US Enticed by EU to Buy International (Rip-)Offsets

The CDM:
The CDM: "Have a poisoned apple, US, it'll do the climate good"?
In the latest Point Carbon CMNA, Martin Bursik, the environmental minister of the Czech Republic (current holder of the six-month EU presidency), recently wooed US leaders with false promises about the Clean Development Mechanism.

Mr. Bursik said on March 17th that the US would be able to reduce its GHG output between 25 and 40 per cent below 1990 levels by 2020 (the IPCC recommendation) by funding emission reduction projects in developing countries, i.e. via the CDM. This is inspite of clear indications that the CDM not only generates false carbon credits, which allow rich-country industries to continue polluting their air and destabilizing our climate, but also that many CDM projects have been shown to have major environmental and civil rights violations.

In addition, a miniscule amount of CDM projects are in the poorest regions that need financial support the most (i.e. Sub-Saharan Africa). Rather, the majority are located in China and involve hydro projects, despite China's thriving hydro industry, where CDM credits are only icing on the cake.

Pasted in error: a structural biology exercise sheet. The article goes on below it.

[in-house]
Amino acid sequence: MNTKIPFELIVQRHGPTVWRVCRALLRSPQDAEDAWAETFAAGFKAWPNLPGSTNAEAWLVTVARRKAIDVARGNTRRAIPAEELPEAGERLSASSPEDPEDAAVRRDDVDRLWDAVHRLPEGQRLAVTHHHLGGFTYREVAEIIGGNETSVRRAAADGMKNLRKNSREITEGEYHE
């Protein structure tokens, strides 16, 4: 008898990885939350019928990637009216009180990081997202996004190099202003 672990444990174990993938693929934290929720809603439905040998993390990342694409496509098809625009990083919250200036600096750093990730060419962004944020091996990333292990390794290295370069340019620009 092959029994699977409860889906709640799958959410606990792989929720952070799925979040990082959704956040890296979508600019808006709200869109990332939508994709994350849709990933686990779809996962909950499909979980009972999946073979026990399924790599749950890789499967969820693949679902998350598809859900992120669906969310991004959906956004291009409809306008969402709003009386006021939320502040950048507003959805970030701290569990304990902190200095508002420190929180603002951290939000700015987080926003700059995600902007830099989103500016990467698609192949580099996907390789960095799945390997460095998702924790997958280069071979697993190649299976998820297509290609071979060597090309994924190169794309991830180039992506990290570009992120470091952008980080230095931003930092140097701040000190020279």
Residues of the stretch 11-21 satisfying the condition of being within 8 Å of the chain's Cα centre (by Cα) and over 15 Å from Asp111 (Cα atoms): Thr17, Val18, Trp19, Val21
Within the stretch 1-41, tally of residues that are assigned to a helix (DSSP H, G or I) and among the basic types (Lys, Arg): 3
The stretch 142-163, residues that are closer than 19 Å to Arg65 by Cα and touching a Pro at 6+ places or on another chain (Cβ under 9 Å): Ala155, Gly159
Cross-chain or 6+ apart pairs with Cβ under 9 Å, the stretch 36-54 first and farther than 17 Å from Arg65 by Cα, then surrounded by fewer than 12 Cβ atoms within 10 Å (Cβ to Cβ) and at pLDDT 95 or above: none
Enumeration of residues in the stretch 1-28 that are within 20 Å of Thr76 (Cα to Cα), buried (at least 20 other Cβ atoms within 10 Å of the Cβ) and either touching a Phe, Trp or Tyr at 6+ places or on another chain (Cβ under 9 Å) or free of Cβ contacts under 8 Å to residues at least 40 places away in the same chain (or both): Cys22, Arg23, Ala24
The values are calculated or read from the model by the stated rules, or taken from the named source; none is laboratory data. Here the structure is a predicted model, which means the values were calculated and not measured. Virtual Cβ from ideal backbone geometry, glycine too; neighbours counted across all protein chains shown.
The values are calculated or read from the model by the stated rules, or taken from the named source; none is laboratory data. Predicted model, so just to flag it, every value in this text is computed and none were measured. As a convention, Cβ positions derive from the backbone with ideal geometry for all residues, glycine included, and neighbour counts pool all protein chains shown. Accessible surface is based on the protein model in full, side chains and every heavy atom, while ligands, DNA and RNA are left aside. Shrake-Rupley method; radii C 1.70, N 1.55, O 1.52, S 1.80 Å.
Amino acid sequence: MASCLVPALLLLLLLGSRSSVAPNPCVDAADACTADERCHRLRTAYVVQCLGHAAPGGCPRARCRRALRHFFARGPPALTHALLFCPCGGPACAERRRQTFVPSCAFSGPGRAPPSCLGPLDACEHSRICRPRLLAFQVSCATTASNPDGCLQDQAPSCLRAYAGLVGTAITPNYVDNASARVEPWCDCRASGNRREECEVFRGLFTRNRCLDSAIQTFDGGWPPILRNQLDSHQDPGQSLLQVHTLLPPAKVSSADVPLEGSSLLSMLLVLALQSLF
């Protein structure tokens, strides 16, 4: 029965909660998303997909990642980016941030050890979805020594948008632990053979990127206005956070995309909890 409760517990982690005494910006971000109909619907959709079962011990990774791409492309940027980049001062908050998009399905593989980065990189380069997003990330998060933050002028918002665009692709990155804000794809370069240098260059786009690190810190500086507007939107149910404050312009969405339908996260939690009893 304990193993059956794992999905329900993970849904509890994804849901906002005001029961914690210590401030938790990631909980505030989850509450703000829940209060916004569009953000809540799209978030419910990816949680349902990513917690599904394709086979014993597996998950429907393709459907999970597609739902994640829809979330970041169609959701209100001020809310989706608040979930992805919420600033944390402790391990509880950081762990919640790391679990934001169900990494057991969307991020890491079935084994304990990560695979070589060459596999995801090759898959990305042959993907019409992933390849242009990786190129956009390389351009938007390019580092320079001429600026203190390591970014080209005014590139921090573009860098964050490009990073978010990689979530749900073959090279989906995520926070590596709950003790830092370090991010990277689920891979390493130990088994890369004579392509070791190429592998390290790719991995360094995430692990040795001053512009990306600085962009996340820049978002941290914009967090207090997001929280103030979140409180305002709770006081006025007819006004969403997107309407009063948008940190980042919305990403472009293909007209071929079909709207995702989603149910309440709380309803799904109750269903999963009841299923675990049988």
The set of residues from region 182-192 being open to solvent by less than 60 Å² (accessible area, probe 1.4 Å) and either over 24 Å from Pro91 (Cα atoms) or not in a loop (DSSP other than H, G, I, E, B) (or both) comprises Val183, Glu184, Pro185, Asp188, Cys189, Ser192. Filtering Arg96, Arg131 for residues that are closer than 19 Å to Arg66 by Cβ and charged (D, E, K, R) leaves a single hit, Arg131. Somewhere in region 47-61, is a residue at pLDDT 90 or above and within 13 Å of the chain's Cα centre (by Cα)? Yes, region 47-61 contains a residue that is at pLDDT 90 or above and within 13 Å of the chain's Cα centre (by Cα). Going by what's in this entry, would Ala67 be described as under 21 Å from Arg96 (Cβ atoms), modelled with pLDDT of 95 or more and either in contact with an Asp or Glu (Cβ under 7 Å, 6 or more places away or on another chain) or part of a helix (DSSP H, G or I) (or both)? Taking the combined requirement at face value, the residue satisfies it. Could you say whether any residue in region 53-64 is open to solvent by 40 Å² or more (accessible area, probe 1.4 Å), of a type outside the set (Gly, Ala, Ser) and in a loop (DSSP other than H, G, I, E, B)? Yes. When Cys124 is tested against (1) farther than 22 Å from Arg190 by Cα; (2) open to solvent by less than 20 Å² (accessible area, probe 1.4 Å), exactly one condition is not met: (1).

The Point Carbon article itself notes that "the CDM has faced intense criticism over the slow and bureaucratic process behind approving projects and the questionable environmental integrity of some projects."

While it's commendable that EU environmental ministers are holding US leaders to tough targets (as well as promoting further discussions with the other CO2 giants--Brazil, India, and China), let's not get hypocritical. Only when the CDM is either radically reformed or replaced with a funds-based approach to leap-frog technologies in the Global South will we be able to truly reach our global targets, stabilize our climate, and promote sustainable and prosperous development in the developing countries.